Florida State University doctoral student Eve Humphrey left judges and attendees with a smile as she closed her Three Minute Thesis speech at the annual competition, Tuesday, Nov. 27.
“When under pressure, just keep swimming and getting it on,” she said.
Humphrey, a biological science student, took home the $1,000 prize and will represent Florida State at a regional competition in Knoxville in February.
“I think there’s a big disconnect between the scientific community and the community in general,” Humphrey said. “Particularly for underrepresented groups, I think it’s important for us to show our faces and be able to communicate in ways that get people excited and interested in the research we’re doing.”
Humphrey’s prize-winning presentation, “Under Pressure: Stress and Coloration as Mediators of Behavioral and Physiological Variation,” highlighted how differences within and between populations of Least Killifish and Eastern Mosquitofish influence their behavior, reproduction and stress responses with predators.
As she put it, “essentially, how the underdogs of the world deal with their adversaries.”
The Three Minute Thesis competition, which began at the University of Queensland in Australia in 2008, charges graduate students to explain their thesis work in a compelling three-minute speech. The goal is for participants to effectively explain their research, which at times can be very complex, in plain language.
“It’s such a joy to see how brilliant the students are,” said Mark Riley, dean of The Graduate School. “Letting them explain what they’re doing in this format is a great way to let everyone else know how they’re pushing the boundaries of knowledge forward.”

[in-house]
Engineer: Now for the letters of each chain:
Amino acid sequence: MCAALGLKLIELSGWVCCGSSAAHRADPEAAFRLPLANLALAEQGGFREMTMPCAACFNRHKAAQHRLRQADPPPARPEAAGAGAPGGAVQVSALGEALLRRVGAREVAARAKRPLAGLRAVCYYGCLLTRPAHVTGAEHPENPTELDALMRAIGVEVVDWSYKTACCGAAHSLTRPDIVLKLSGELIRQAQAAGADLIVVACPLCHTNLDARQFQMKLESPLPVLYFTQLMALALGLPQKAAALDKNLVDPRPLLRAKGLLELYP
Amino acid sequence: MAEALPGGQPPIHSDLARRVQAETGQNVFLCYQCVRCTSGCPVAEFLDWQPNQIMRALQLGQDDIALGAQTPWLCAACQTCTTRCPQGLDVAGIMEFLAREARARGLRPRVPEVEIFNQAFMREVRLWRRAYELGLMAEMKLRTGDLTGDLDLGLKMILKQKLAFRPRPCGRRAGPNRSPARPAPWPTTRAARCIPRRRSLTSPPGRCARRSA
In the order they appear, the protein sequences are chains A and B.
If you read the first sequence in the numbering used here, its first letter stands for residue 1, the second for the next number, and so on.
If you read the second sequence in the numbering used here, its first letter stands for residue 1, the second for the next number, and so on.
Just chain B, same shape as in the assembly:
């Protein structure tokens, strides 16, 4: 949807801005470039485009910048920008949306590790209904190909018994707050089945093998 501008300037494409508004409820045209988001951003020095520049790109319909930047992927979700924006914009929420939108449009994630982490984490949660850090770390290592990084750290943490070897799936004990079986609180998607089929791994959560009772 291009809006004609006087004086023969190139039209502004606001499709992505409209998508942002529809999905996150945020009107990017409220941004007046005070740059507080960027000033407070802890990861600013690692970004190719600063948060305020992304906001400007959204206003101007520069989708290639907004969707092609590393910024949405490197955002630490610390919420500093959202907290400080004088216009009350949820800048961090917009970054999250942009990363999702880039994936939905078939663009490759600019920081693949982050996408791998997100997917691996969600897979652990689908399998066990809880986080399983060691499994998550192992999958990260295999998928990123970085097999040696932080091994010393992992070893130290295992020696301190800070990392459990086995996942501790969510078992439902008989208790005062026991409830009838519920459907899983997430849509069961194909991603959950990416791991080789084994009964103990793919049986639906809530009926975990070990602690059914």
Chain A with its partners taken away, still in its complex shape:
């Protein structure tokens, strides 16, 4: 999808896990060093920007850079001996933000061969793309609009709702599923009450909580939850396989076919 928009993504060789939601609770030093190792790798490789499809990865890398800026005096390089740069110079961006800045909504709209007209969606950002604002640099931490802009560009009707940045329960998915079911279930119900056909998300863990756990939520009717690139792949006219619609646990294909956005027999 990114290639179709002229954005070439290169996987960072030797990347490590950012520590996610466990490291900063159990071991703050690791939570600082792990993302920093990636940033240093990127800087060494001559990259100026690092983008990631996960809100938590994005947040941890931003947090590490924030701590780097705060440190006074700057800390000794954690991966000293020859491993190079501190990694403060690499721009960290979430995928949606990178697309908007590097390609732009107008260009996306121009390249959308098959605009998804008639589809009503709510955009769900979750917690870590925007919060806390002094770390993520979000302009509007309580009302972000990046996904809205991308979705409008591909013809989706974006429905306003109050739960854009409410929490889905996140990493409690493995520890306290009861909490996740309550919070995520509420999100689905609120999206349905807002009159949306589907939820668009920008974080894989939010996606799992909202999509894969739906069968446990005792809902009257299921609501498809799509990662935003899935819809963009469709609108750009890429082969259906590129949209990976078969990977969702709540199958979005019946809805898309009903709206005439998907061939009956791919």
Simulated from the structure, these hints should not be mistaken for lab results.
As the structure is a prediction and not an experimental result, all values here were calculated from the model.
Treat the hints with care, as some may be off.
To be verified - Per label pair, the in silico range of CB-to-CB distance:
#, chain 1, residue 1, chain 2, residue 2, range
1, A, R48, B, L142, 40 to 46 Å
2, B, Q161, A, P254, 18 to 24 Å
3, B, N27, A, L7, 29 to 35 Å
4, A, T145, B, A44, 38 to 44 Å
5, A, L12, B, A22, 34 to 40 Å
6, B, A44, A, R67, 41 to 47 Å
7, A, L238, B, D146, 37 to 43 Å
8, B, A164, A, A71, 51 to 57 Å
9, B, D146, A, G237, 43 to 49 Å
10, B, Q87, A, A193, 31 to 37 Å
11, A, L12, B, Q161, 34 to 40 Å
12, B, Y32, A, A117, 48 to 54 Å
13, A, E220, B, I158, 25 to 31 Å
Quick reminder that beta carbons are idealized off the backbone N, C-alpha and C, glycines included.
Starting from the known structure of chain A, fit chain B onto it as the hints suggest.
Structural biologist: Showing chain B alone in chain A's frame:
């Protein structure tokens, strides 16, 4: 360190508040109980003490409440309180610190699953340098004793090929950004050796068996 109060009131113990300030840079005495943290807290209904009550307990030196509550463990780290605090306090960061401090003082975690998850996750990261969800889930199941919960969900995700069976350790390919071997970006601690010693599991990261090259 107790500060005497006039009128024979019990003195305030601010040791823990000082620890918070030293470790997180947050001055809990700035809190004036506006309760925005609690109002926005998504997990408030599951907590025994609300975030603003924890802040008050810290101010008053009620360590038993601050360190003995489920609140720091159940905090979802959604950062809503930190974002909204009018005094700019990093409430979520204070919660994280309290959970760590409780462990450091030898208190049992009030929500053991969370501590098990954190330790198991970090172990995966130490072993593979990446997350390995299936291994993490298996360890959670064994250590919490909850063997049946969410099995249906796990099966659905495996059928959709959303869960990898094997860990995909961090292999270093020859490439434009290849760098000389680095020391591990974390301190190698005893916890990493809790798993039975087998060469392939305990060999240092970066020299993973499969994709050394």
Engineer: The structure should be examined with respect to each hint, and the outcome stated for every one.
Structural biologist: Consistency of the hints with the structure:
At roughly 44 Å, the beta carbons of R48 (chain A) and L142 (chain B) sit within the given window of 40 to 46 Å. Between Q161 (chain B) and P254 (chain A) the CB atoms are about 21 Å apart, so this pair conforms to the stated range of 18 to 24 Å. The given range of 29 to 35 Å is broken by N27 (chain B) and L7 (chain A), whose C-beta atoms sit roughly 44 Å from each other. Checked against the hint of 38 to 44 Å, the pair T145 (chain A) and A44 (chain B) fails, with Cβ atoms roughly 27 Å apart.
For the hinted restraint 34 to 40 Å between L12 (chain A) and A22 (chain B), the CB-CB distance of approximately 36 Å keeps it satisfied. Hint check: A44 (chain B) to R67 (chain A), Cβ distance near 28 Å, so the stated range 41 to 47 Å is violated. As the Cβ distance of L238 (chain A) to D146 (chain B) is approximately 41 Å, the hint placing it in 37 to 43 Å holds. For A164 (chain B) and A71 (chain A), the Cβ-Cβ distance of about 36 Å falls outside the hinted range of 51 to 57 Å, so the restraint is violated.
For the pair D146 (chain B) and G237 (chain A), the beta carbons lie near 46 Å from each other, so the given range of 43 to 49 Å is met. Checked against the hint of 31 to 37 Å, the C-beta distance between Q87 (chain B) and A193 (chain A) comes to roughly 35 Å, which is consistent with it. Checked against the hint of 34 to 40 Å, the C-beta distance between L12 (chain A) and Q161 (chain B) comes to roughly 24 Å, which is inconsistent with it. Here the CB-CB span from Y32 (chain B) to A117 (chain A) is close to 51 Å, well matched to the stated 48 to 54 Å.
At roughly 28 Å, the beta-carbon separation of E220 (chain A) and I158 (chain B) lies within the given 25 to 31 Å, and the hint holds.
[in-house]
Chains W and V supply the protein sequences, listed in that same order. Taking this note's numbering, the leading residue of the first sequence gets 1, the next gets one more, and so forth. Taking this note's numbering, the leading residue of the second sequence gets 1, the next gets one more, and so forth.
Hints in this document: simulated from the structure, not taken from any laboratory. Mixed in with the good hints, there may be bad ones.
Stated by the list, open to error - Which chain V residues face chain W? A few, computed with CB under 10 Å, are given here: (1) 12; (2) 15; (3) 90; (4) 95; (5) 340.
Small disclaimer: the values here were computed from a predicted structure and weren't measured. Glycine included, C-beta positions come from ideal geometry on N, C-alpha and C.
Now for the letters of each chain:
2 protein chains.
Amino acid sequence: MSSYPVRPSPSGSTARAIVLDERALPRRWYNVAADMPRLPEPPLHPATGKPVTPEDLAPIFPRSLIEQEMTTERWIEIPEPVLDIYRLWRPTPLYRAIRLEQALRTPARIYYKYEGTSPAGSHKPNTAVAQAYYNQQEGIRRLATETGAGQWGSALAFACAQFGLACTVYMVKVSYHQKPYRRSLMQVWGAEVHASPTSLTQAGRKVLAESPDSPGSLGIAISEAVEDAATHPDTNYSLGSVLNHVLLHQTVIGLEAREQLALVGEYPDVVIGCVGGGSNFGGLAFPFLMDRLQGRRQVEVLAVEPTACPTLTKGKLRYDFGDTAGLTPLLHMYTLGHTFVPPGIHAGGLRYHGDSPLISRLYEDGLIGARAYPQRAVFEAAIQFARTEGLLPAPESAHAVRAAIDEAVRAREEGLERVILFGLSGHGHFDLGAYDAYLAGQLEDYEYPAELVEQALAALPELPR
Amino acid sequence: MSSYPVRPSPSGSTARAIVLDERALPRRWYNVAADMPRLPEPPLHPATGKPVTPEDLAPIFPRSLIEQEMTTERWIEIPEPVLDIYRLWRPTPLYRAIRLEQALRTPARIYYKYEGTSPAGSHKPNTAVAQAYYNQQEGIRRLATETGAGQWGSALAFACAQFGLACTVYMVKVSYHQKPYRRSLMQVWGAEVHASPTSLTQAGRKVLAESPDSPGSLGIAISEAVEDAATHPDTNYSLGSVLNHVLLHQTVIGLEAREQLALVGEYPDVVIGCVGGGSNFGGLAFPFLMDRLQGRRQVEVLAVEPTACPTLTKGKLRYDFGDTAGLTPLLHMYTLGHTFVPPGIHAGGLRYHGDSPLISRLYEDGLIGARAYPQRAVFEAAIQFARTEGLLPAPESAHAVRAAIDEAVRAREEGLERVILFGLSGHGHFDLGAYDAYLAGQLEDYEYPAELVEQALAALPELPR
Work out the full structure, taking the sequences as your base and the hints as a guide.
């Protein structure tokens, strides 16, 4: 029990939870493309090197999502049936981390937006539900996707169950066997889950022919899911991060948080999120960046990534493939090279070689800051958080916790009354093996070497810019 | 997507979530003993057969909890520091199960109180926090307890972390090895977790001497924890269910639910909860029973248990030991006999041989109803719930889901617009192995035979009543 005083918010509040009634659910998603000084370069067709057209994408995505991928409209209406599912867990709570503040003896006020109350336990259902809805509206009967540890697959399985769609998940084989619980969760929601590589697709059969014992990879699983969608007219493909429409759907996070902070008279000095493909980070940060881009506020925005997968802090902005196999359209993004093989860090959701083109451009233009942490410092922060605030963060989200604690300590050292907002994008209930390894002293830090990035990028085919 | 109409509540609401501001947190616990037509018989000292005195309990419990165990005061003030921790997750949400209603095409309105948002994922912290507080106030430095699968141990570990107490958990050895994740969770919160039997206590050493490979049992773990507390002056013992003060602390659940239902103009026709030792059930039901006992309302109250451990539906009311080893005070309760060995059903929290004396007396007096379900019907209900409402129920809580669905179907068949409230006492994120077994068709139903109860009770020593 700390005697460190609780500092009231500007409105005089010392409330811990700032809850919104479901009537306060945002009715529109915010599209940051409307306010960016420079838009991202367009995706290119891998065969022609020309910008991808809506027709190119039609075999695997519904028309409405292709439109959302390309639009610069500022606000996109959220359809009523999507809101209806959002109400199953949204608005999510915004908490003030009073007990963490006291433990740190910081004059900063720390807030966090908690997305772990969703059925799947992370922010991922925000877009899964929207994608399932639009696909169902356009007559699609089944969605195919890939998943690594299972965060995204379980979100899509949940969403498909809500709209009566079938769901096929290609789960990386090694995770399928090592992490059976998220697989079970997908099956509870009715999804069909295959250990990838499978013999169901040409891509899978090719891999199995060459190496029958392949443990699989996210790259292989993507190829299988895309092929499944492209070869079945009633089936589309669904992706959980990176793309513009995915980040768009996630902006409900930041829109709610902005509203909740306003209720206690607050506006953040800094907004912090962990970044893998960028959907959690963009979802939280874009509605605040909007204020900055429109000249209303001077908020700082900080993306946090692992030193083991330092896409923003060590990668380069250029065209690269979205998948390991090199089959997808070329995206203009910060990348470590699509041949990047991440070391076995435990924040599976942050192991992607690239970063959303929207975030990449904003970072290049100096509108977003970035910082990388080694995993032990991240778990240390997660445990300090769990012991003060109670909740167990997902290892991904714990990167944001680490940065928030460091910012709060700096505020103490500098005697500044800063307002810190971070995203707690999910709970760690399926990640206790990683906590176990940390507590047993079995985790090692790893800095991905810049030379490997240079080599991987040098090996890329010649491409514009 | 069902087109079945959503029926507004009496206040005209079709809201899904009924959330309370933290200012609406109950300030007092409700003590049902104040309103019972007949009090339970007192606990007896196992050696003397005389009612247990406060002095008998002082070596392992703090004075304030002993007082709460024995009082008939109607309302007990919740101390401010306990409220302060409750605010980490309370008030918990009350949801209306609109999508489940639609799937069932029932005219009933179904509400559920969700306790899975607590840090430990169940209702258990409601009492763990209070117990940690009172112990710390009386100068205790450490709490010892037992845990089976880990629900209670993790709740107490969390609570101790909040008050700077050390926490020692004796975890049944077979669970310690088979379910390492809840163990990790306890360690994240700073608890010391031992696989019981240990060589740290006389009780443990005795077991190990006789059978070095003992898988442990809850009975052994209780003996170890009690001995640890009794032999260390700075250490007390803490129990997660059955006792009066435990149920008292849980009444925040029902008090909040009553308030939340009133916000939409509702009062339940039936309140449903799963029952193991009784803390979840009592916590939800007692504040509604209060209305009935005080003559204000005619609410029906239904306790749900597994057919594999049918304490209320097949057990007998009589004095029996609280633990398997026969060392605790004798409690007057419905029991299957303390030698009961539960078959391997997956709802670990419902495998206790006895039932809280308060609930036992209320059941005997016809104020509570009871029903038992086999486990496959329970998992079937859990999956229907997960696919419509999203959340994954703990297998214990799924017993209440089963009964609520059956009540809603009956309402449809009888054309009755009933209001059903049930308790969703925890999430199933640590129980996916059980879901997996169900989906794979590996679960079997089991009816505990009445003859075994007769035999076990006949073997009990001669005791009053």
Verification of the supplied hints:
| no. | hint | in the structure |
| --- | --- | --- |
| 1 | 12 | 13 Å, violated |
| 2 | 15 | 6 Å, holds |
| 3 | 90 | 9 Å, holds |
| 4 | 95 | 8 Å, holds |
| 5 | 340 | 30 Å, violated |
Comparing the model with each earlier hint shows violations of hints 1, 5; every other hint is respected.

Florida State’s 2018 Three Minute Thesis competition attracted 33 participants. A team of judges watched the presentations and selected 14 finalists who received additional critiques, guidance and rehearsal before the big night.
Riley said students have said how their participation in the competition has helped them perform successfully in job interviews and explain other research projects in an understandable and enjoyable format.
Bruno Chiurliza, a Ph.D. student in the Department of Psychology, won second place for his presentation on the effectiveness of providing gun locks in suicide intervention. He received a $750 prize.
Anwer Al-Kaimakchi, a graduate student studying civil and environmental engineering, earned $500 for the “People’s Choice” award. His research focused on making bridges safer by studying the flexural performance of stainless steel precast prestressed concrete girders.
“I enjoyed hearing about how people are changing the world, whether it was in psychology, education or biophysics,” Humphrey said. “Their ability to explain what they do and give us the opportunity to jump into their world for a few minutes was really cool.”
Additional finalists in the competition included:
Sylvia Bhattacharya, Electrical & Computer Engineering
Diana Carbonell, Educational Psychology & Learning Systems
Gokila Dorai, Computer Science
Alyssa Henderson, Physics
Simeng Li, Civil & Environmental Engineering
Tianhan Liu, Physics
Carla Parades, Educational Leadership & Policy Studies
Hamidreza Rahmani, Molecular Biophysics
Rebecca Turk, Teacher Education
Pengpeng Wang, Statistics
Sarah Wood, Psychology
The Graduate School plans to host a similar competition for master’s level students in the spring called “Masters in Four.”